Maddon kept his lineup exactly the same as Game 6, while Francona only switched up his centerfielders, inserting Davis to replace Naquin, whose miscommunication led to a pair of 1st-inning runs the night before.

Four pitches into the game, the Cubs already had a lead as Fowler sent Kluber’s 94 mph fastball into the bleachers. Kluber was operating on short rest and making his third start of the World Series after winning Game 4 just four nights earlier.

The Indians tied the game in the bottom of the 3rd when Santana drove Crisp in with a single. The Cubs responded immediately when Russell hit a sacrifice fly to plate Bryant and Contreras followed with an RBI double in the top of the 4th.

They tacked on from there with 2 more runs in the 5th (a Javy homer and a Rizzo RBI single) before the wheels started to come off a bit as the Indians were hitting Hendricks hard, but right at Cubs defenders. 

Maddon opted to go against his pregame plan and brought Lester in from the bullpen in a “dirty” inning with a runner on base in the 5th. Lester proceeded to give up a single to Kipnis and then threw a wild pitch that caromed off David Ross’ mask and allowed 2 runs to score. On another night, that moment might’ve been classified as a “Cubbie Occurrence,” but this was not one of those nights.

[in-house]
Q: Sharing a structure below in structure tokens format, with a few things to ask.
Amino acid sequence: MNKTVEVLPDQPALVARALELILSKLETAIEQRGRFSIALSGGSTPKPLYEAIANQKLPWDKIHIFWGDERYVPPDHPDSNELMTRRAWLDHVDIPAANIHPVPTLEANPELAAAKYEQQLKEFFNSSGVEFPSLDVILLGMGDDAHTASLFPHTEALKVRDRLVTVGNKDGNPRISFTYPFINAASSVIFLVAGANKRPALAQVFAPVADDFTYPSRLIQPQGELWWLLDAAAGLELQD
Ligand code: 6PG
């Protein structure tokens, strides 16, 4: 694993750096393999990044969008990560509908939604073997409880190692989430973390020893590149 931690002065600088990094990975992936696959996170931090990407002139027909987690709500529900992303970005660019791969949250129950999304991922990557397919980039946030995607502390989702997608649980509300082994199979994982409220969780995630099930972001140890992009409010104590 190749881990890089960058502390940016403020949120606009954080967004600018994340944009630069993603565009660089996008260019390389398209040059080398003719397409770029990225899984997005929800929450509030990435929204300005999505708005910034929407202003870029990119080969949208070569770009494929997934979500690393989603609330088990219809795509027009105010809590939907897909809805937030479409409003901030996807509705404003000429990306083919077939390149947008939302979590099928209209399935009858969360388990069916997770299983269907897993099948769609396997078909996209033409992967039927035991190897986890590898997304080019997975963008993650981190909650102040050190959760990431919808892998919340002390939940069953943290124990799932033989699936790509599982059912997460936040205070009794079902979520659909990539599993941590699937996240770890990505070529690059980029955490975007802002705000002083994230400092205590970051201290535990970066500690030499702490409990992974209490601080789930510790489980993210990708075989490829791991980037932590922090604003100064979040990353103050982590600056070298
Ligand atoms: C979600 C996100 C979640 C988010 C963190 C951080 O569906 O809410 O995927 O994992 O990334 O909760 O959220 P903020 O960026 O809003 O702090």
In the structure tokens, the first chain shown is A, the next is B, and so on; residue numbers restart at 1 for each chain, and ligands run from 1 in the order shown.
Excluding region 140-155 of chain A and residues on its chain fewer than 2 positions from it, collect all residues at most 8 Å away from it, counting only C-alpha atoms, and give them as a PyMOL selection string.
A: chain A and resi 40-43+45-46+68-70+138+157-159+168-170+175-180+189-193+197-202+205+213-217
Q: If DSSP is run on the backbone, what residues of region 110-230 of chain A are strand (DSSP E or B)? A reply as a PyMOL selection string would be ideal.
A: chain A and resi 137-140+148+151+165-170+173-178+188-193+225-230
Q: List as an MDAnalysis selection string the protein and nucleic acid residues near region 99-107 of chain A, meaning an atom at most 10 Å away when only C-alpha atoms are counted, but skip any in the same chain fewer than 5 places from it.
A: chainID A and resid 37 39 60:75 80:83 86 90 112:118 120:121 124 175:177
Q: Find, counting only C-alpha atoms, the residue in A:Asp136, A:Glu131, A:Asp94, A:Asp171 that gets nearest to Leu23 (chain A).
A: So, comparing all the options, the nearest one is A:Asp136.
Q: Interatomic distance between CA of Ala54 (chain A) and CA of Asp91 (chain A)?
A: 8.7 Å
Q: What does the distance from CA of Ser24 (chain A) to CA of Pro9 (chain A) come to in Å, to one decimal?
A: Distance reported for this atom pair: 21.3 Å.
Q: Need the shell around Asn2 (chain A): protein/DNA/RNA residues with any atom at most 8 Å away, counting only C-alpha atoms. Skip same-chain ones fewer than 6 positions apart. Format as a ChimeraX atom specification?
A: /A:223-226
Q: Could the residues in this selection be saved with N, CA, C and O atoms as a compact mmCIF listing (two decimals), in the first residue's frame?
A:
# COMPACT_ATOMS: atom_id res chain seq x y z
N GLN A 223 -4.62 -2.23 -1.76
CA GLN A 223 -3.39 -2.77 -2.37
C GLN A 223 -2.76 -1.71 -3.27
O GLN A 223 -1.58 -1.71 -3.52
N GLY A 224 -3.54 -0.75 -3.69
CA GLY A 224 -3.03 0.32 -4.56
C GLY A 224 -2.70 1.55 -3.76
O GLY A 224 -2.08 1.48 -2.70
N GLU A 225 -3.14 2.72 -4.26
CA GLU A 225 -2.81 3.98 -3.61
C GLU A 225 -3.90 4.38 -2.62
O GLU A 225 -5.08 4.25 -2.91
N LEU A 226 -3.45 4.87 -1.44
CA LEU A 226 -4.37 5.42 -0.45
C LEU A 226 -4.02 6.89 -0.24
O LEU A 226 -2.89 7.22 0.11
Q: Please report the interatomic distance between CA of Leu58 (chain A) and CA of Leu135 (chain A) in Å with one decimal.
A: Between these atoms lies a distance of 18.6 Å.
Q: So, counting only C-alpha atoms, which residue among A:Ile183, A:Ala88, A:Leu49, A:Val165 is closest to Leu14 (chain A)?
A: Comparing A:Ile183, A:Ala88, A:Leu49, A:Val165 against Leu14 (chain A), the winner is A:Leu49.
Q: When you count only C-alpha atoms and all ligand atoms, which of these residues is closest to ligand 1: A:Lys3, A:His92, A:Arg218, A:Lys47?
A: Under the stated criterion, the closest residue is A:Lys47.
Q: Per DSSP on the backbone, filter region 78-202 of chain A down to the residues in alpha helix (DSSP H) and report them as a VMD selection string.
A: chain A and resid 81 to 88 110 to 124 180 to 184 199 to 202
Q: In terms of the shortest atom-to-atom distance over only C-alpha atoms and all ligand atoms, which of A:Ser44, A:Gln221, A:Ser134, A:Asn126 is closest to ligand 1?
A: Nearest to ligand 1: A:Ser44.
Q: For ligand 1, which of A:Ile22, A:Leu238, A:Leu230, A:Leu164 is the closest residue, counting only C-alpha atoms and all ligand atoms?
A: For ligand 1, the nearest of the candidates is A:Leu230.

Rftr Game 7 Lester

Ross immediately rebounded by hammering a 2-strike fastball from Indians relief ace Andrew Miller over the center field fence to recoup 1 of the runs given up the previous half-inning.

Things stayed that way for a while, as Lester battled and got the ball to closer Aroldis Chapman in the 8th inning, departing after a 2-out single to Ramírez. As Maddon found out during the regular season, Chapman was of the breed of closers who preferred to work only 1 inning at a time.

But plans change in the playoffs and Maddon had been riding Chapman hard as the only trusted option out of the Cubs bullpen the longer the postseason wore on. That meant Chapman had thrown 62 pitches in the previous 2 games (3 days). Who knows how much that extra workload truly impacted Chapman or affected how familiar the Indians hitters had become with him, but the Cleveland lineup greeted Chapman rudely in the 8th.

Brandon Guyer doubled to drive home Ramírez. After a long battle, Davis smacked Chapman’s 7th pitch of the at-bat off the railing in left field at Progressive Park, tying the game with one of the most unlikely homers in postseason history. Indians fans were delirious, Cubs fans – who have had their share of living through excruciating pain – were speechless. 

This wasn’t Lindor or Napoli or Santana – the Indians’ big boppers. This was Rajai Davis, he of 62 homers throughout his entire 1,448-game career. Prior to 2016, he had never hit more than 8 homers in a season (he hit 12 in ‘16). And it came off Chapman, who had surrendered only 2 longballs all season and has allowed homers at a rate of 0.5 per 9 innings throughout his career.